Thursday, October 25, 2007

Does anyone care about Wikipedia's appeal?

For the past few days or so, Wikipedia has been running its version of a telethon: an appeal for people to donate money to the site—especially to build up its foreign language editions. I wish 'em all the luck in the world, but I'm wondering if the success of this appeal only lies in proving that no one wants to pay for content. So far, slightly under 4000 people have donated, out of a pool of visitors that's in the tens of millions. (According to Nielsen/NetRatings, the site had roughly 31 million visits last month domestically in both its work and home panels.) Meanwhile, as of this writing no one has actually viewed the YouTube upload of the appeal, which is also running on the Wikipedia site itself.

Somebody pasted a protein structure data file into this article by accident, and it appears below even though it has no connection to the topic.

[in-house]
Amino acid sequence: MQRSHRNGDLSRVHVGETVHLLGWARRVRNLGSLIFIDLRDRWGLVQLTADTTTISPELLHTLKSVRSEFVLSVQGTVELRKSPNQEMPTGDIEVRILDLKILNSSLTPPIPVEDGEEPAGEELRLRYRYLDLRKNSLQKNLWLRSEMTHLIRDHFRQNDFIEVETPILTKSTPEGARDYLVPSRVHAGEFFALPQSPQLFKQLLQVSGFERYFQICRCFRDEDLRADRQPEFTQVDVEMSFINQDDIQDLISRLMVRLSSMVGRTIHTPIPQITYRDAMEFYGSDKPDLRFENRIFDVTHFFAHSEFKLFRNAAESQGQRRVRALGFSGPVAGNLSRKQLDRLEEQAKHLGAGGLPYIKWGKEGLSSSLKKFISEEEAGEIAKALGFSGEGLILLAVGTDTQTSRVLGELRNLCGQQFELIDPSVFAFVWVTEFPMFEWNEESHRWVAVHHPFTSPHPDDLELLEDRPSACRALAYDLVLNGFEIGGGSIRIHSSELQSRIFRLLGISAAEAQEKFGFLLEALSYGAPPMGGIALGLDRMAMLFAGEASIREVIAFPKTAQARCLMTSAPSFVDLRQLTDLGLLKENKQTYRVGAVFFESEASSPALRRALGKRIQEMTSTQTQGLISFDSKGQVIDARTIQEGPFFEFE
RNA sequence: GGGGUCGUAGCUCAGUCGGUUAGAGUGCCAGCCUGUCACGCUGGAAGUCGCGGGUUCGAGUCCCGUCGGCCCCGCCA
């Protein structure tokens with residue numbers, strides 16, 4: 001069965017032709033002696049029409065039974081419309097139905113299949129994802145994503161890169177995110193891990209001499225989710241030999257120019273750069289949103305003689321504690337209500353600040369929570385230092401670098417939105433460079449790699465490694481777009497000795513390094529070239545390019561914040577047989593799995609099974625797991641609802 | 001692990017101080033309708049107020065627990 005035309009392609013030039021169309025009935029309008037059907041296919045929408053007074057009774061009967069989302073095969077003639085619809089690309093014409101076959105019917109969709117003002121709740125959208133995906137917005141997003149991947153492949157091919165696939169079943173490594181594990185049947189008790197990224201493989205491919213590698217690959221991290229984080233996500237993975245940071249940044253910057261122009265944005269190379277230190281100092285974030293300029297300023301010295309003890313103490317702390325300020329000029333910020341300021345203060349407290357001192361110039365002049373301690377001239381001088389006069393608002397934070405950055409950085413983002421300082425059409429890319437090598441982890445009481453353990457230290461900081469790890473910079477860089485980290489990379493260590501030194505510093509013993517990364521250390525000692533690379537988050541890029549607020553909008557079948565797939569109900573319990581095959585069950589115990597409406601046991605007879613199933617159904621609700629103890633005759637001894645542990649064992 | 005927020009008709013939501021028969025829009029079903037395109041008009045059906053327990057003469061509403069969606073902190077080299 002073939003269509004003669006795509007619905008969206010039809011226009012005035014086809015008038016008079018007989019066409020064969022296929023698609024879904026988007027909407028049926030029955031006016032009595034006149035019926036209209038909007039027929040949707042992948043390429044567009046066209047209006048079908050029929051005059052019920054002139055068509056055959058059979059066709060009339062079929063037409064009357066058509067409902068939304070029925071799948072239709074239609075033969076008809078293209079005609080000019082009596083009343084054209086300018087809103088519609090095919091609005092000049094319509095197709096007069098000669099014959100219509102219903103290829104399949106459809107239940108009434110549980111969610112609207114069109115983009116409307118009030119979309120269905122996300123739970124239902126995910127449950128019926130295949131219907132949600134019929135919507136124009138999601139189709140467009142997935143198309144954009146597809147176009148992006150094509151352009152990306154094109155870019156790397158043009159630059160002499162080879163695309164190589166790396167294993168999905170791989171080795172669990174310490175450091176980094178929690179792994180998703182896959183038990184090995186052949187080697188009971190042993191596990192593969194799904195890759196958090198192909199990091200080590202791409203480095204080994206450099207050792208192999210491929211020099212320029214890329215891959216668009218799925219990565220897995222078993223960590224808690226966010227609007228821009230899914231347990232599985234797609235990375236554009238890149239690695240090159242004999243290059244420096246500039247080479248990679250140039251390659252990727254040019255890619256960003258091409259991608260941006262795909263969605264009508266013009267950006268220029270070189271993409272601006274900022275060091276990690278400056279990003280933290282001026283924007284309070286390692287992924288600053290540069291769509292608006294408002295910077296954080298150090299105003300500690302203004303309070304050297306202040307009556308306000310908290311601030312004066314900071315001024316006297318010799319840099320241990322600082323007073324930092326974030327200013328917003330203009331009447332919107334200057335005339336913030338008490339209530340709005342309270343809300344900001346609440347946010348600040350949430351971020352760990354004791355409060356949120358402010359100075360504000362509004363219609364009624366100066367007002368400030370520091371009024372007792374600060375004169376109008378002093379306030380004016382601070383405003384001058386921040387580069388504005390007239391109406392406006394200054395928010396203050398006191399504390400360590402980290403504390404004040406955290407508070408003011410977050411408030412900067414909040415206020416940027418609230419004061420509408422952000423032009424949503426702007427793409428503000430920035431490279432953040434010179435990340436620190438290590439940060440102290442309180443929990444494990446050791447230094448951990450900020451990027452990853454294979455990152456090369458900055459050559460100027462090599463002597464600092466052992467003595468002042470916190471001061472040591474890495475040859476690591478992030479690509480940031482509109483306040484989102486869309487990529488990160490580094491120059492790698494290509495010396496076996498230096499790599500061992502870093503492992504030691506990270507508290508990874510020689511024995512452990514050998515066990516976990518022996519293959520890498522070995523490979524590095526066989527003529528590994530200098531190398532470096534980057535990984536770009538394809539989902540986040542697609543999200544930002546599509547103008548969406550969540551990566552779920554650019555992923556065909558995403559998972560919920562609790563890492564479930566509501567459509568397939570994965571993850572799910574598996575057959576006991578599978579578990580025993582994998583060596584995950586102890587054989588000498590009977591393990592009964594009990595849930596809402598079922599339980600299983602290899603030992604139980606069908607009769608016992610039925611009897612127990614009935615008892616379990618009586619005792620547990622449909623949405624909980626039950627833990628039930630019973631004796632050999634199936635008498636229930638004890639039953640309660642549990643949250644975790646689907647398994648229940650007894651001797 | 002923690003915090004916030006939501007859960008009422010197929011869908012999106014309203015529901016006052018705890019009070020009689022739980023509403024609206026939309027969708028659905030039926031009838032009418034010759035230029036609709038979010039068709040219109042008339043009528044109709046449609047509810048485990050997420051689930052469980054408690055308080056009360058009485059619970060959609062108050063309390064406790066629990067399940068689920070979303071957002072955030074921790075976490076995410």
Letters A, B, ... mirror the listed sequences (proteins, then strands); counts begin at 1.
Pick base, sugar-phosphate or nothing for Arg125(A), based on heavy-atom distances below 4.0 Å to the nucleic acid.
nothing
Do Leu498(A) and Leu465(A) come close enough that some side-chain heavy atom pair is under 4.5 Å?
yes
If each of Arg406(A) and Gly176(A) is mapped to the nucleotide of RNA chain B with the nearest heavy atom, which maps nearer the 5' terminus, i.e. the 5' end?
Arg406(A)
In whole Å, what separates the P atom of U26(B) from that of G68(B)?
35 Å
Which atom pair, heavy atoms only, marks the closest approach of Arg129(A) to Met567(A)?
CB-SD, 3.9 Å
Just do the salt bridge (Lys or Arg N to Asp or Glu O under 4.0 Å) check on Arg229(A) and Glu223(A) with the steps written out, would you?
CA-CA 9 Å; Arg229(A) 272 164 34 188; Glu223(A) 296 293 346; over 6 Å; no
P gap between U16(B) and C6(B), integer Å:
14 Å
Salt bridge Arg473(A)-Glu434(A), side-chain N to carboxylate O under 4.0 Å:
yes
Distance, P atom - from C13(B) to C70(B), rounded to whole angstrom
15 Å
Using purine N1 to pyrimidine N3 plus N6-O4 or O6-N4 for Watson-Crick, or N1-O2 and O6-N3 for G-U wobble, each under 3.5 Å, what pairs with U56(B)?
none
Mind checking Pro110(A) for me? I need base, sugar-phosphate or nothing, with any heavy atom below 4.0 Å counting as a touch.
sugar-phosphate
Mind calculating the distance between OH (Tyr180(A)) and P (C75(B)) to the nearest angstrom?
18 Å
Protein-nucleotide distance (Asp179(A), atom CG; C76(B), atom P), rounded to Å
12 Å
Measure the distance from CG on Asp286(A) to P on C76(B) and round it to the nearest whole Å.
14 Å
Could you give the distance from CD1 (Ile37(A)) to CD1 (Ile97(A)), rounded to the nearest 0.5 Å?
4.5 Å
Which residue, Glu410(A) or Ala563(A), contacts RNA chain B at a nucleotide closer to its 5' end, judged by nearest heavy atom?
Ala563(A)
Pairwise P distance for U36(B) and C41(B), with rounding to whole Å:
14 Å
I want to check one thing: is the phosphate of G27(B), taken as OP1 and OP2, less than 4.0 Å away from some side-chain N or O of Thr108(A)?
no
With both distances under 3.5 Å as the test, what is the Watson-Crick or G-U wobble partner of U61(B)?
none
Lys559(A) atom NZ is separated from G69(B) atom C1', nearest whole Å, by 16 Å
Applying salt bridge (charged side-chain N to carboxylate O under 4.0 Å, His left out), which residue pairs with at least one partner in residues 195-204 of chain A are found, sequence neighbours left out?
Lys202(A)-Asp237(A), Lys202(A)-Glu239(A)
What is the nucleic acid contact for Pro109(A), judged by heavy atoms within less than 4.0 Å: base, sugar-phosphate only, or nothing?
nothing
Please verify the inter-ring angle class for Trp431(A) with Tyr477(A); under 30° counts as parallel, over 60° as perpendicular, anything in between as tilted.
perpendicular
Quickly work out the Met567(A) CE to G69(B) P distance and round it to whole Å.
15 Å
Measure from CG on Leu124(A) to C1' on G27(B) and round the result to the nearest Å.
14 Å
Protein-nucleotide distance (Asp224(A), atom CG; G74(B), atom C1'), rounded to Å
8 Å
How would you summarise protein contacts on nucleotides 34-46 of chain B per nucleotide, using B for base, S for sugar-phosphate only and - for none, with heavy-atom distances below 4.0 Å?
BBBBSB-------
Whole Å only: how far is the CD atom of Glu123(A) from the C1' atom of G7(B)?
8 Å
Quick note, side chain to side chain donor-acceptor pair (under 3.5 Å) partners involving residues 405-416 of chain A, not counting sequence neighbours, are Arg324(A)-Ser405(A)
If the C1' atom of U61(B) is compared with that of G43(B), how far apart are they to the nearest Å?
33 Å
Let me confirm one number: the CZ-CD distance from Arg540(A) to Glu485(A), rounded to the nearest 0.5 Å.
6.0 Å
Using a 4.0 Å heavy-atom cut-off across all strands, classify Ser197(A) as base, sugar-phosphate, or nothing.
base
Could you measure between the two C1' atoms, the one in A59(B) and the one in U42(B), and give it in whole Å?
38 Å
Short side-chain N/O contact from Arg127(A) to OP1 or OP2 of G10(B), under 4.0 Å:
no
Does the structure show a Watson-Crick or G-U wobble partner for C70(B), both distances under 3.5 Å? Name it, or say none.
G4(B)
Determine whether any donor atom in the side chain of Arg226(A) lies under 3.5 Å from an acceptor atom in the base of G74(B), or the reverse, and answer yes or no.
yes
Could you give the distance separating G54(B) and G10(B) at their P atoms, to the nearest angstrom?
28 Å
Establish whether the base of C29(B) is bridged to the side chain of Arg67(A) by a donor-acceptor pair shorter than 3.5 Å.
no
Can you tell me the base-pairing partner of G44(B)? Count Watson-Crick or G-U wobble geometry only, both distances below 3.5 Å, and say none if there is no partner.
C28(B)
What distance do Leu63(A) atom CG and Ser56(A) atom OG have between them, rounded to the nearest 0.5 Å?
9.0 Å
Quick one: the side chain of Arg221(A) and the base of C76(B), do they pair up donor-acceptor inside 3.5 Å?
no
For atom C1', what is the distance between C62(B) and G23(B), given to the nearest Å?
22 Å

Anonymous said...

I pay for content all the time. In fact, Steve Jobs is getting rich off my addiction to iTunes. And that's but one small example.

But will people pay for user-generated content? Doubtful.

Anonymous said...

About the YouTube video: that's not the one that the Wikimedia fundraiser site linked to. The one that was linked to from the main video page has over 20,000 views, and that considering that the main video page no longer links there, and that there are many mirrors of the same video - look in the column of related videos, and you will see more than one with the same runtime of 3:11.

Regardless, we can hope for the best for Wikipedia, and I imagine that the donations will really kick in once the large donors and corporations start adding in, not to mention matched donations - I know several people who are waiting for that to make their donation, so that it will have more of an effect.